Online Classroom: Feel Found Missing

Online classes might be the most effective way to continue education in these times, but it lacks the essence, effectiveness and vitality of a classroom.

More often than not, social media these days is filled with stories and photos from archives, students in lawns, attending events and memories of tapri time and chilling in cafes. Three months into online classes, no matter how much we hated commuting for hours, we miss being in college. Online commencement of classes was to keep the flow continued during the pandemic but it lacks the essence of actually attending classes. 

I initially struggled with mobile data and internet connectivity but the newly installed WiFi connection came to the rescue. Like most of my classmates, I have now settled into an almost comfortable routine of attending classes online, much like in college. The longer hours begin right from 8:30 in the morning and go on till 5 in the evening, often without any breaks. But it is still okay, the cameras are switched off and I can do my chores and other activities while the lectures are logged in. On some days I write down notes, on others I just mark my attendance. What could be more convenient than this, right? 

Maybe. But for a fairly privileged urban student residing in a metro city, online education isn’t that difficult to access. All of this ease and comfort comes because of a running WiFi connection, laptops and smartphones, designated study spaces at home, healthier relationships with the people around, fairly good mental space among many other factors. 

I teach my house help’s kids in the evening because they aren’t able to attend any of these classes since March and are missing out on a lot of time and studies. The kids dearly miss being in a classroom with charts and maps on the walls but they also miss out on virtual sessions with powerpoint presentations. My mother tells me of a distant relative who had to compromise on a few essentials to buy a smartphone for their younger child because he had to attend primary school online. Besides me, there is my younger brother struggling with audio issues on yet another Zoom class. I think he’ll probably just mark his presence and get back to playing an online game.

The new normal isn’t the most healthiest and equitable way of learning; it’s a reiteration of survival of the privileged. And despite all of this, the screens can never match up to the essence of physically being in a classroom, an almost level playing field.

For the teachers and educators across the country, they have tried their level best to fit into the new methods of teaching – from trying to cope up with internet connectivity, undependable power supplies, managing chores and work simultaneously and the emptiness of speaking to a screen with no faces. To add to these are more structural problems of lack of communication, creating separate modules, teaching practical hands-on courses virtually and baring through notorious disruptions.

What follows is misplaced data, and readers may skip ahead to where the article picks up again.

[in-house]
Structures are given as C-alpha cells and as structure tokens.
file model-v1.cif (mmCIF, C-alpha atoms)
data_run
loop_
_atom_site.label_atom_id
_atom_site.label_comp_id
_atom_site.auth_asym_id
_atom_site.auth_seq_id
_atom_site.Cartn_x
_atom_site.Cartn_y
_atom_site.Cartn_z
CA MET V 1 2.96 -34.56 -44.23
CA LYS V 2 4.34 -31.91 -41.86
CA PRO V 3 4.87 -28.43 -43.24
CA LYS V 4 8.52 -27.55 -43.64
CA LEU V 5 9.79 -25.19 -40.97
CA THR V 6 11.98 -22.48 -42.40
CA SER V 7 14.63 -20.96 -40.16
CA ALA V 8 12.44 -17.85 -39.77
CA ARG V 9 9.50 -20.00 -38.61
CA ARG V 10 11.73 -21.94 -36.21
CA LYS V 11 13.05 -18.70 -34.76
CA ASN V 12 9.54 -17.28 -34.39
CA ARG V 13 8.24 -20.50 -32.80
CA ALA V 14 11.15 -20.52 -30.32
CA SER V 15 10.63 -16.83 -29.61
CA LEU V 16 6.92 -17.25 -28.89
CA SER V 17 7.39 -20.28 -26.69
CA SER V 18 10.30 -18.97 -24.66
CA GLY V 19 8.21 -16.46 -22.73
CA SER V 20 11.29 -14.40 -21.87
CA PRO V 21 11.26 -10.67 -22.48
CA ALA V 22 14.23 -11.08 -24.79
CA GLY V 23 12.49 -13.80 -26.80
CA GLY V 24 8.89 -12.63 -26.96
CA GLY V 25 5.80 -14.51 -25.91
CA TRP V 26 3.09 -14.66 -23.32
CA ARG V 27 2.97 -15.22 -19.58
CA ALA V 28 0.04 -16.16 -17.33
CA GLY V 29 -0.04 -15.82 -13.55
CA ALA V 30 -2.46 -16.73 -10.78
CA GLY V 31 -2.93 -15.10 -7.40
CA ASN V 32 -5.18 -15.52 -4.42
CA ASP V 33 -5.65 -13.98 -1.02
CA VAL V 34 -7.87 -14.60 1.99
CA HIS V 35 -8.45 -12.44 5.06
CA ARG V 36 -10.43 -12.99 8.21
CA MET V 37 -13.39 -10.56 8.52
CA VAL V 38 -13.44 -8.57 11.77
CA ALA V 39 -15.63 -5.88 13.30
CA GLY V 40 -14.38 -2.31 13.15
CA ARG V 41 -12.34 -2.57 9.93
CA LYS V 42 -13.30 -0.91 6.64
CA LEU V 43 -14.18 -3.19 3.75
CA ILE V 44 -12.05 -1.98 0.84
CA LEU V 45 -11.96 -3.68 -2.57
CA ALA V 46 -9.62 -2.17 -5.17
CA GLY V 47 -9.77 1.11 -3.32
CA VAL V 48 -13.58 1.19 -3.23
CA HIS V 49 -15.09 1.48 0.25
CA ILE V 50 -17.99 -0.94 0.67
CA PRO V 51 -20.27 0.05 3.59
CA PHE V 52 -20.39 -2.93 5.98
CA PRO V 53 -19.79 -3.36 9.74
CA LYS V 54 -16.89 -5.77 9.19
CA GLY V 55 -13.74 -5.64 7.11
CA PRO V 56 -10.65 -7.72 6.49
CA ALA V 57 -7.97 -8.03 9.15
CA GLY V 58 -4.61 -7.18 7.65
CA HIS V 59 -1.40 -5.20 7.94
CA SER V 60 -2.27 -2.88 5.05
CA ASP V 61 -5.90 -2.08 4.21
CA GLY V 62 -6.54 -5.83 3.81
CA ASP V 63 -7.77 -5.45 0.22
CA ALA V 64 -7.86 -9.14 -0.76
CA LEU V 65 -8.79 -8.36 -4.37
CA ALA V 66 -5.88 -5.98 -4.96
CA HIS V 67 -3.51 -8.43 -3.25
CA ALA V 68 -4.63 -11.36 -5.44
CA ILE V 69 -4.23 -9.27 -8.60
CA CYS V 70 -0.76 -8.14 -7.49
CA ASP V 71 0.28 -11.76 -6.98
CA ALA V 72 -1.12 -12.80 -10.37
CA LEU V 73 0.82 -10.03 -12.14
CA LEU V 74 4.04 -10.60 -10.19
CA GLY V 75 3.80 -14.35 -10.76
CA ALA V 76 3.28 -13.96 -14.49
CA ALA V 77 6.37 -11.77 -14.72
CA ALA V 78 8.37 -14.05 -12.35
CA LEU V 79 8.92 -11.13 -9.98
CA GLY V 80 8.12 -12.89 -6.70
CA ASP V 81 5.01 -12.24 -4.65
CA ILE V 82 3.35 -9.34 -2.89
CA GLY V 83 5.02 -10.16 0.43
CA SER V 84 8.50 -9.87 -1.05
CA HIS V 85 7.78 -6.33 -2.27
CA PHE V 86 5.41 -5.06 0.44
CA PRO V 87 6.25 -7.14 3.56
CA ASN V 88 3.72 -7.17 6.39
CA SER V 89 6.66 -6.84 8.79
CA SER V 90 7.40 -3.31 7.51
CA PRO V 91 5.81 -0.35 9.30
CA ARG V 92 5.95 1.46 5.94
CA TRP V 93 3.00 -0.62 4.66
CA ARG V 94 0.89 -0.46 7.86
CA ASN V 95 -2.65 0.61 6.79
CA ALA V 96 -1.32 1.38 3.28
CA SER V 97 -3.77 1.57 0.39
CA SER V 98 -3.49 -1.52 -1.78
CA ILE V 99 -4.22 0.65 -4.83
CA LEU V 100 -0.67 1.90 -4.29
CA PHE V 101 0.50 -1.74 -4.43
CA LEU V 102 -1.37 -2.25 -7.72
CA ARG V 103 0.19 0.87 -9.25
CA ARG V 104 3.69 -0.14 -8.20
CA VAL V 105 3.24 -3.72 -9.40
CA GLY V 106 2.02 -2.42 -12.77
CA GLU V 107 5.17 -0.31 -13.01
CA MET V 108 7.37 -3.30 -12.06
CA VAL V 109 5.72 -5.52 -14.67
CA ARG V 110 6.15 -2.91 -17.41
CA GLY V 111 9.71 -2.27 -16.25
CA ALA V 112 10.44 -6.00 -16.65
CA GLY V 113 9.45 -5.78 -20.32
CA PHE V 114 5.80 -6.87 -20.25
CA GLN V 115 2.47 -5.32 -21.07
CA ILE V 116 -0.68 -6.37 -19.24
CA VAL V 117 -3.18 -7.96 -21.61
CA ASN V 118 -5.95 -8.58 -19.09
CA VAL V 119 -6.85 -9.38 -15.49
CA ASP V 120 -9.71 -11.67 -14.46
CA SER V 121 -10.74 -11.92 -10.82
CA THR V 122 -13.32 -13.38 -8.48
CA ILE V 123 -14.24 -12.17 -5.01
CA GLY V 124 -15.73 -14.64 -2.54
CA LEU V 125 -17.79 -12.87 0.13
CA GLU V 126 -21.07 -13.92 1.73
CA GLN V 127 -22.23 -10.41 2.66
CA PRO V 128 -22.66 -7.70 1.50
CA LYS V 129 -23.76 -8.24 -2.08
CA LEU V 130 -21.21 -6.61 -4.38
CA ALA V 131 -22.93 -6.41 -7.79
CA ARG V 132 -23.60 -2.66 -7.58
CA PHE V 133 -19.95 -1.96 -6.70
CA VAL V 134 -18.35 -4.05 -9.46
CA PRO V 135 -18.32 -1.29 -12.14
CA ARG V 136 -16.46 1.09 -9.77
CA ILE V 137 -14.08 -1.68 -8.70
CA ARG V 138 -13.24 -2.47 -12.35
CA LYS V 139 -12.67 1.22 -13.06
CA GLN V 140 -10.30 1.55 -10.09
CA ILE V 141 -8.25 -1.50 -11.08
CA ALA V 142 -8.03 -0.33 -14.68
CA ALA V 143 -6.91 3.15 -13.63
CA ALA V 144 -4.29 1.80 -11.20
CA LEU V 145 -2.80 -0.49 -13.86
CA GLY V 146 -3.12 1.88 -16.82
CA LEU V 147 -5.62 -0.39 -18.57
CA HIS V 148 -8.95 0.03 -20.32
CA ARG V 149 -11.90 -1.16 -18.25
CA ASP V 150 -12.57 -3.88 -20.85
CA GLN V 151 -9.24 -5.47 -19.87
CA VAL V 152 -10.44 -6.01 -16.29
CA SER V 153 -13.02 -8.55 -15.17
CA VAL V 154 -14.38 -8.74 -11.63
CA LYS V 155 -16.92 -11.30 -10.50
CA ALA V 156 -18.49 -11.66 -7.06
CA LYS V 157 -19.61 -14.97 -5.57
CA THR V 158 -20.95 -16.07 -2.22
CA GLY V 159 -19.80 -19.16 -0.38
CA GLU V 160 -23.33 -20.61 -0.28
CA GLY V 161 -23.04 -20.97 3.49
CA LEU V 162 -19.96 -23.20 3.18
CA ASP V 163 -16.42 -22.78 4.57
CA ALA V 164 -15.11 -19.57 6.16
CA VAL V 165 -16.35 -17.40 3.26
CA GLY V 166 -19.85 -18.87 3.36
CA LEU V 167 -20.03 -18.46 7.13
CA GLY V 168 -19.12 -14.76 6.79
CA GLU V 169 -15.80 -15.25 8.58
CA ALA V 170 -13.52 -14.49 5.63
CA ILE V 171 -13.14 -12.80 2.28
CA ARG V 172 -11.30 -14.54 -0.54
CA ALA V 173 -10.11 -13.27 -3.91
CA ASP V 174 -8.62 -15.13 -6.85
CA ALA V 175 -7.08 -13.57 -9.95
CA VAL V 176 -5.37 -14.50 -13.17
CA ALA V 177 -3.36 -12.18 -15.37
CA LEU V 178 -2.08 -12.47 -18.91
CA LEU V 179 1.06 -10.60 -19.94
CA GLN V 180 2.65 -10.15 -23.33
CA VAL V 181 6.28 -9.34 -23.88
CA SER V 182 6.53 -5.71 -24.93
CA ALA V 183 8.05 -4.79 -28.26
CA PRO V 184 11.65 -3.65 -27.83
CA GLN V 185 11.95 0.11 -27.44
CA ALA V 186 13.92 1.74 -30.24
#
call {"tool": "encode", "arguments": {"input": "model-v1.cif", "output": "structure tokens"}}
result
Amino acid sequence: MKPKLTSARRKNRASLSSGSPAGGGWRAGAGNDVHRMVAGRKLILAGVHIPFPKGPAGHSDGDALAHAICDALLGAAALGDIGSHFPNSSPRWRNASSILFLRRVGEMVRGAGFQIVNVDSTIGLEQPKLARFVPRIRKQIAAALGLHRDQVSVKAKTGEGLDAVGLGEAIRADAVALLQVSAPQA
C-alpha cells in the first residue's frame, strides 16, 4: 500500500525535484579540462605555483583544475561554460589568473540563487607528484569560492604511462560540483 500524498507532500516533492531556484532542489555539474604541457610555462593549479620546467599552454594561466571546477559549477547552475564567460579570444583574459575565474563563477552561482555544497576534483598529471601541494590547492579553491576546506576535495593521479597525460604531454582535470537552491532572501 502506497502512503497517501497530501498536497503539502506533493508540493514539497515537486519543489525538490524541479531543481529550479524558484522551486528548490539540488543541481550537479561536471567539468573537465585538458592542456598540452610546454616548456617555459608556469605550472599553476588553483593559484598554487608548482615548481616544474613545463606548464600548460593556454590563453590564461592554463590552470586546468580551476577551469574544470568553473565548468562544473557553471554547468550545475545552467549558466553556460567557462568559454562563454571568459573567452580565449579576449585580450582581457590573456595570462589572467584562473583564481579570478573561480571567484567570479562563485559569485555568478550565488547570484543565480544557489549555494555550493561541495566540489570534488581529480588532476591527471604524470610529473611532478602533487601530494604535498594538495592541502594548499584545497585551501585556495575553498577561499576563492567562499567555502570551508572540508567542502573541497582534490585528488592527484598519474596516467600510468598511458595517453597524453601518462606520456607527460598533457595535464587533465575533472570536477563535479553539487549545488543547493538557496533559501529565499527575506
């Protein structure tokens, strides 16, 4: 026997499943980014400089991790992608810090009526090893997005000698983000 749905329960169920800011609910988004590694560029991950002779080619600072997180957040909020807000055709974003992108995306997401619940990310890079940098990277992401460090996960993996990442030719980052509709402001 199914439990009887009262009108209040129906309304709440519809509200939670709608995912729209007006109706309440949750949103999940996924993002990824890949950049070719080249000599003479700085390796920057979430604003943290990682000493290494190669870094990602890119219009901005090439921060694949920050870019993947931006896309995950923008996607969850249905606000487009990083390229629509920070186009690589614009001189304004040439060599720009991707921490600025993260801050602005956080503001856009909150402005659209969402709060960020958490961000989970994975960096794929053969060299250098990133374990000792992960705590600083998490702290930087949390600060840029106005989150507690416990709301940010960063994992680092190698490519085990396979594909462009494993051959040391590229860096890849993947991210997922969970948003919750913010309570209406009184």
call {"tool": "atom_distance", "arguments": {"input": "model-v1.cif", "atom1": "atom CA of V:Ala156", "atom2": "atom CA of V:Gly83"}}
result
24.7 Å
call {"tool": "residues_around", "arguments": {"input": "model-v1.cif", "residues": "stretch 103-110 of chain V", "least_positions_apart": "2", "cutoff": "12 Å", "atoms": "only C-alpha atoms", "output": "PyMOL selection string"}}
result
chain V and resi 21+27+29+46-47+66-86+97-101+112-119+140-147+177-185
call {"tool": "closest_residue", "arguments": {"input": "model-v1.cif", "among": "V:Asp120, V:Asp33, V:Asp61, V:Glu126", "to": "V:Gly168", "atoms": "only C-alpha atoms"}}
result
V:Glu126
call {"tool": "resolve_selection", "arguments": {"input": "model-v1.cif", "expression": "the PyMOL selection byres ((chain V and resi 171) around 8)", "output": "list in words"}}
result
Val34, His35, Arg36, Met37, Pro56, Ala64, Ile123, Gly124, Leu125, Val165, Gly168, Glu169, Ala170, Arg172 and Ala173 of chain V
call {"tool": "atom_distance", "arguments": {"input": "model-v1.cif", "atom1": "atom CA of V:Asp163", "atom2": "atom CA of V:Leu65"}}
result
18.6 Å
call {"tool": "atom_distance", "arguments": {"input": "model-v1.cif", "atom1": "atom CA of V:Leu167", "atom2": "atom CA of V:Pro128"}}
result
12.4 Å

Fair to acknowledge, teachers have been under tremendous pressure and stress ever since schools and college went online. For students it might have gotten slightly more comfortable – screenshots in place of written notes, recorded lectures for when they are boring to attend and network issues when you don’t know an answer. But teaching, and learning isn’t just about mere transfer of knowledge and notes, or covering up topics for a subsequent online examination.

Education is supposed to be interactive, and not just in terms of acknowledging with “yes ma’am, no more queries”.

It is an experience – of sharing a meal in the canteen, cribbing about assignments in the college ground, bunking a few classes, sharing fun stories as breathers between long lectures, a few handshakes and a few more hugs. Growing up we thrive on human relationships we form. And schools and colleges provide that preliminary outlet where we can connect, interact and relate to people our age and beyond. These experiences are opportunities to get in and out of trouble, make mistakes, learn and stand up for oneself, without a parent or guardian to guide you through. Second-home, as most students with hints of nostalgia now refer to their colleges and schools as, plays a very important role in one’s growth and development; much as the familial homes. These spaces, for generations, have been institutions whose underlined job was to create emotionally developed and socially responsible individuals. 

Simultaneous texting and sending snaps is almost equivalent to passing chits in the digital age. But we are still spending hours trying to absorb facts from slideshows and monotonous lectures that barely hold our attention, cut from the dynamic surroundings of a physical classroom. Online education may be the best choice we have at the moment. But it is almost lifeless.

Dear Colleges, you are really missed.

Feature Image Credits: Washington Post

Aishwaryaa Kunwar

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